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Recovery of volatile fatty acids and enzymes from dilute model aqueous and ruminal waste streams
The enormous volume of rumen fluid from animal processing industries offers a tremendous potential for tapping acetic acid, propionic acid, butyric acid, α-amylase and cellulase. By recovering these compounds, not only is the high COD burden greatly reduced, but also one could expect financial returns by selling the recovered chemicals. A process operation, commensurate with the disposal requirements of the meat processor which isolates the compounds of interest successfully, is essential. ^ The goal of this work is to study the feasibility of recovering useful chemicals such as acetic, propionic, and butyric acids (APBs), along with enzymes like α-amylase and cellulase, either individually or concomitantly from rumen fluid. The make-up of the ruminal solution was first characterized for chemical oxygen demand, and the quantities of chemicals of interest present in it. Various unit operations were studied using creaked mixtures of model dilute aqueous solutions consisting of either acids, or enzymes, or both. The concentrations in the model solutions were chosen to mimic the solute concentrations found in rumen waste. Some of the separation methods studied using the model solutions, which were effective, were then extended to treat actual clarified rumen fluid (supernatant). ^ A methodology to simultaneously recover acids and enzymes from ruminal fluid is proposed. An economical process scheme is developed by combining different unit operations for the recovery of APBs and enzymes. ^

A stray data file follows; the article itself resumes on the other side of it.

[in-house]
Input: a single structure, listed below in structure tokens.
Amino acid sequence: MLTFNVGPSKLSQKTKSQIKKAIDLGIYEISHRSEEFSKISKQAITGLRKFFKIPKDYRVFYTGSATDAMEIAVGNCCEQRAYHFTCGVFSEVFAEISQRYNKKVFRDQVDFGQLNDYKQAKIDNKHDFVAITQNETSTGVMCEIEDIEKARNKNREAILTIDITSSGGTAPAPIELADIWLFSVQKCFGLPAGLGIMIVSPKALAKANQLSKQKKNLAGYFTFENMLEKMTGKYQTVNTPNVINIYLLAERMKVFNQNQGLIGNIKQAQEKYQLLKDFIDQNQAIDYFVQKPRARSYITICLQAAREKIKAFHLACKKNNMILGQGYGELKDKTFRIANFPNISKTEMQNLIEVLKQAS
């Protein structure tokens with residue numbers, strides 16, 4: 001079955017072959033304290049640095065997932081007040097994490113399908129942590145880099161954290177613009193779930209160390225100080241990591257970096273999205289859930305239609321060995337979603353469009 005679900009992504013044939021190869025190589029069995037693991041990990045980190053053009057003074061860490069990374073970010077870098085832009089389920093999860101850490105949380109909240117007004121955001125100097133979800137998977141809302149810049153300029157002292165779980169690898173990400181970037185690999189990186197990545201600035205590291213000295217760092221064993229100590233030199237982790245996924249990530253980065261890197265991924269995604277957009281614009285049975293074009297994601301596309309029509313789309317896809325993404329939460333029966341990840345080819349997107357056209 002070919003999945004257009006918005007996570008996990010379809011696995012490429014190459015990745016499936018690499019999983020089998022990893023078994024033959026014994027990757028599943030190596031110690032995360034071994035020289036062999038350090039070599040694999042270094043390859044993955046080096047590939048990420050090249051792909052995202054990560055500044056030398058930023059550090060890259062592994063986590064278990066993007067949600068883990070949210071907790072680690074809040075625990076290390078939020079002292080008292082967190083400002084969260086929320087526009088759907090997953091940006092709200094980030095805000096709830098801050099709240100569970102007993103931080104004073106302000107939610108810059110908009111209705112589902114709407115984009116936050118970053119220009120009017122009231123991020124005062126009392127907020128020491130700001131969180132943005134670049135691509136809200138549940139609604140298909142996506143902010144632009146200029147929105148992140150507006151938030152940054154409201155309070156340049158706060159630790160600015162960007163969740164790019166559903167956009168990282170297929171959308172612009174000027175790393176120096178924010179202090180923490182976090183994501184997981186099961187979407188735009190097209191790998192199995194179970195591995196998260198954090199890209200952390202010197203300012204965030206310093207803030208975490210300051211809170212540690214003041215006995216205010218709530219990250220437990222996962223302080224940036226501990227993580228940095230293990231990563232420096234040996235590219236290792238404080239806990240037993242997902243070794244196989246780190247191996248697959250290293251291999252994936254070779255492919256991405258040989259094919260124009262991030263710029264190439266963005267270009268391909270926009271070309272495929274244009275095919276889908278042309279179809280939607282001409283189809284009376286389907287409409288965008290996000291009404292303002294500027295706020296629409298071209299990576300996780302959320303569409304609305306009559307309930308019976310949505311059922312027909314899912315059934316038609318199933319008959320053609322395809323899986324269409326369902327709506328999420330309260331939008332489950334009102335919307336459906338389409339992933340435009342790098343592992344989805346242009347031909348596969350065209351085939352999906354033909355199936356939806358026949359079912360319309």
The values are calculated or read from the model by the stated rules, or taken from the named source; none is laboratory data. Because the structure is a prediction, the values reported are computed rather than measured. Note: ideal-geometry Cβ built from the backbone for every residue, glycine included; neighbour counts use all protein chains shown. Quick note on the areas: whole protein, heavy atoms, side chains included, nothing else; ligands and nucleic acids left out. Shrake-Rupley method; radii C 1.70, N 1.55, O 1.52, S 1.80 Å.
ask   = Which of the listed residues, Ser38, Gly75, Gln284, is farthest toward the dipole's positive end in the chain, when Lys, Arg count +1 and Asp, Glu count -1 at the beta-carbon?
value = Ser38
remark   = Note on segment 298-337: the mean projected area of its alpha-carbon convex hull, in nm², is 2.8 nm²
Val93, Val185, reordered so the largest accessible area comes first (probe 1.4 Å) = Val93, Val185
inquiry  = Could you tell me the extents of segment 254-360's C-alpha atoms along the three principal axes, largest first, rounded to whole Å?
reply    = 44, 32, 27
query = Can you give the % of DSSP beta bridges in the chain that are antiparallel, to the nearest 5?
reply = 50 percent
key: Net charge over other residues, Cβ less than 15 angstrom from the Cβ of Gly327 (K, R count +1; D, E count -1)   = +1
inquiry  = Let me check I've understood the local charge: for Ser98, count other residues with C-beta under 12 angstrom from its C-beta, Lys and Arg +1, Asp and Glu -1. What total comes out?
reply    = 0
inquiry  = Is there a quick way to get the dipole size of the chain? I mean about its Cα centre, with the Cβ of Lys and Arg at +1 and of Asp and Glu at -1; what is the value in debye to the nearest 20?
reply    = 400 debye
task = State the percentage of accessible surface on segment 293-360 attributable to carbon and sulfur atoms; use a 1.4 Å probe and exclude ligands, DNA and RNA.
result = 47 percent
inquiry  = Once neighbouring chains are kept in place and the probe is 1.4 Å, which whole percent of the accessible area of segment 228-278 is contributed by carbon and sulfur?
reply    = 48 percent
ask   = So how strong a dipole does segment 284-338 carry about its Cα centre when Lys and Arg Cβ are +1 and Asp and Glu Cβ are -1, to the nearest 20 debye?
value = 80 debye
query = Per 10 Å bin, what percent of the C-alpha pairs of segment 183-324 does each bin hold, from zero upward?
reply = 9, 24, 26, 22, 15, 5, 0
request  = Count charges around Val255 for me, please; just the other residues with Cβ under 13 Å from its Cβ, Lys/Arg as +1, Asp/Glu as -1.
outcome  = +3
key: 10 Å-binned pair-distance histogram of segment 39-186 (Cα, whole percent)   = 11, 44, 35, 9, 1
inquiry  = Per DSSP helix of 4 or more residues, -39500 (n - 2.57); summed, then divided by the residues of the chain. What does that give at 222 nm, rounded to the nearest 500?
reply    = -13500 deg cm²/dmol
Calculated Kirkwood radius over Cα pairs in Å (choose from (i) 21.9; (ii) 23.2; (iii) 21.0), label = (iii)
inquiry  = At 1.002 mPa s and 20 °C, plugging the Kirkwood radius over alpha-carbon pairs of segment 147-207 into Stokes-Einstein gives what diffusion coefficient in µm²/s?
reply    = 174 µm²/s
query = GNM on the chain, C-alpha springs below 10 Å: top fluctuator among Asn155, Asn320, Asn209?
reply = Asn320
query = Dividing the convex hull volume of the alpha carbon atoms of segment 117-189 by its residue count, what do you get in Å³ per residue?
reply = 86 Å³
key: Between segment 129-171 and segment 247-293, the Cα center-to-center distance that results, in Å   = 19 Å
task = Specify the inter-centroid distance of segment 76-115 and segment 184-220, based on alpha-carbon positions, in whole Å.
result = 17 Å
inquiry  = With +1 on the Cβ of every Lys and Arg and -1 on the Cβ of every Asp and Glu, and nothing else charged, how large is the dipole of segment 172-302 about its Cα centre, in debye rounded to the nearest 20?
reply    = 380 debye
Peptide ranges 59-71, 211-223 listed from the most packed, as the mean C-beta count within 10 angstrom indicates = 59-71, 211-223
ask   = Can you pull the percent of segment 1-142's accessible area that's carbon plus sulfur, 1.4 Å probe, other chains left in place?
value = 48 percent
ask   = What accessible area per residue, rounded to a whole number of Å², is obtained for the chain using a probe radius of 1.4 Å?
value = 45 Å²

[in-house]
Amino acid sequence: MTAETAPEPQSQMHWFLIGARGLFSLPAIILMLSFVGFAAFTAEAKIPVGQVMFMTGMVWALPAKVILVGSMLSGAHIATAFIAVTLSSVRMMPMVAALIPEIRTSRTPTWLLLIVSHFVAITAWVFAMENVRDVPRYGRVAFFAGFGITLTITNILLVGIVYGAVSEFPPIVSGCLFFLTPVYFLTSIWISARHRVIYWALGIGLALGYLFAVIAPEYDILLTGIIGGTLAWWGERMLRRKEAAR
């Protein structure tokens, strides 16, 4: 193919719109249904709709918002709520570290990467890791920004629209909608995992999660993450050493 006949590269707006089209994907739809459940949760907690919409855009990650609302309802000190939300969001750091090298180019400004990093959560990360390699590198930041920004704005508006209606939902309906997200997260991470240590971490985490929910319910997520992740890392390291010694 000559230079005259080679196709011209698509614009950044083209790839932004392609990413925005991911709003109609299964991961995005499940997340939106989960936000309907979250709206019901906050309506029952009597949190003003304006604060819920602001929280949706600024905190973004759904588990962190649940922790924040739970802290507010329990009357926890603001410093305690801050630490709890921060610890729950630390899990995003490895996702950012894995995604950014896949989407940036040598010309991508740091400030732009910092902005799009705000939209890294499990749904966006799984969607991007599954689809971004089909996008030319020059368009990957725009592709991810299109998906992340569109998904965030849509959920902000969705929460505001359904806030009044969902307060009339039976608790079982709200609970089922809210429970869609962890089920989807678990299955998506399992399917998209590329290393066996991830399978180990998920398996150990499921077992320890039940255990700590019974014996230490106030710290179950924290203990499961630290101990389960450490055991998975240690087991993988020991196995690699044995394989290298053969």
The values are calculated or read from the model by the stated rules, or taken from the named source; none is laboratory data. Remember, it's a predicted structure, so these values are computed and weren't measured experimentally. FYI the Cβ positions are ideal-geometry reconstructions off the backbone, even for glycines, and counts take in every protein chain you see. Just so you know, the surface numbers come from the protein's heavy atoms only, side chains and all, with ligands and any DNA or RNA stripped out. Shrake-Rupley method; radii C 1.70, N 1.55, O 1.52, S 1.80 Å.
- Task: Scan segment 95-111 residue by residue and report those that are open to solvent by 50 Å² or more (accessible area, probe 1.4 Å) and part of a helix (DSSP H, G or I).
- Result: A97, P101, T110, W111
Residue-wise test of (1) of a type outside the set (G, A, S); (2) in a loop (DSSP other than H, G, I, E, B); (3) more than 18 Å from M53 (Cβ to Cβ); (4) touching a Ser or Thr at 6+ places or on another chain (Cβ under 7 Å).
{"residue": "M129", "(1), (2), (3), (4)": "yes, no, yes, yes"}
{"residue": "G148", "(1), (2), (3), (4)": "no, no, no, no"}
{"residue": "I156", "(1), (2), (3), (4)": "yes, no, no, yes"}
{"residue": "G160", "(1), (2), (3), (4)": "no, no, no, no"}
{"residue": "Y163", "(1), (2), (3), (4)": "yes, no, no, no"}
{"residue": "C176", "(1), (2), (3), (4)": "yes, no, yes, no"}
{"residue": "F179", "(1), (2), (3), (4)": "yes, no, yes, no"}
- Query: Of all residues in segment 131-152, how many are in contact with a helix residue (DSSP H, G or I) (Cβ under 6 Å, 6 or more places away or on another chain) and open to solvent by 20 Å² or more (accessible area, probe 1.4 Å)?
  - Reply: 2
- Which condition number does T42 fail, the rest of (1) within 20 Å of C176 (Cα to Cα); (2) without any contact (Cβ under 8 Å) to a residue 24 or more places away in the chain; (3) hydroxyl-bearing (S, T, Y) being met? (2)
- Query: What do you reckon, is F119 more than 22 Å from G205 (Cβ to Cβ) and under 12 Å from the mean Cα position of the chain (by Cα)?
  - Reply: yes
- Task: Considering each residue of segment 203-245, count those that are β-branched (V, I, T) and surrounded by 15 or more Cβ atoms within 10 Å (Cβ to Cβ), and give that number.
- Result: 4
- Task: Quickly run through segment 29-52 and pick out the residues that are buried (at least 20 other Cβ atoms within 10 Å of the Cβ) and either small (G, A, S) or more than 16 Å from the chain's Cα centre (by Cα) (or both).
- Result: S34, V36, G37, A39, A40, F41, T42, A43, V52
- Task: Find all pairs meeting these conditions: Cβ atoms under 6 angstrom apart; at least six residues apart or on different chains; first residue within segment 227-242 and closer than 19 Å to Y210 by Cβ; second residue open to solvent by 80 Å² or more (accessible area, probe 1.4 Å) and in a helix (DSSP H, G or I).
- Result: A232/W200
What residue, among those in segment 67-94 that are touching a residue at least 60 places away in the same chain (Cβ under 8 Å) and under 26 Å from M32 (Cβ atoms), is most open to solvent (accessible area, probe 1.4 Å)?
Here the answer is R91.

Koppolu Yerakaliah, Ajoy P. K, "Recovery of volatile fatty acids and enzymes from dilute model aqueous and ruminal waste streams" (2002). ETD collection for University of Nebraska - Lincoln. AAI3041358.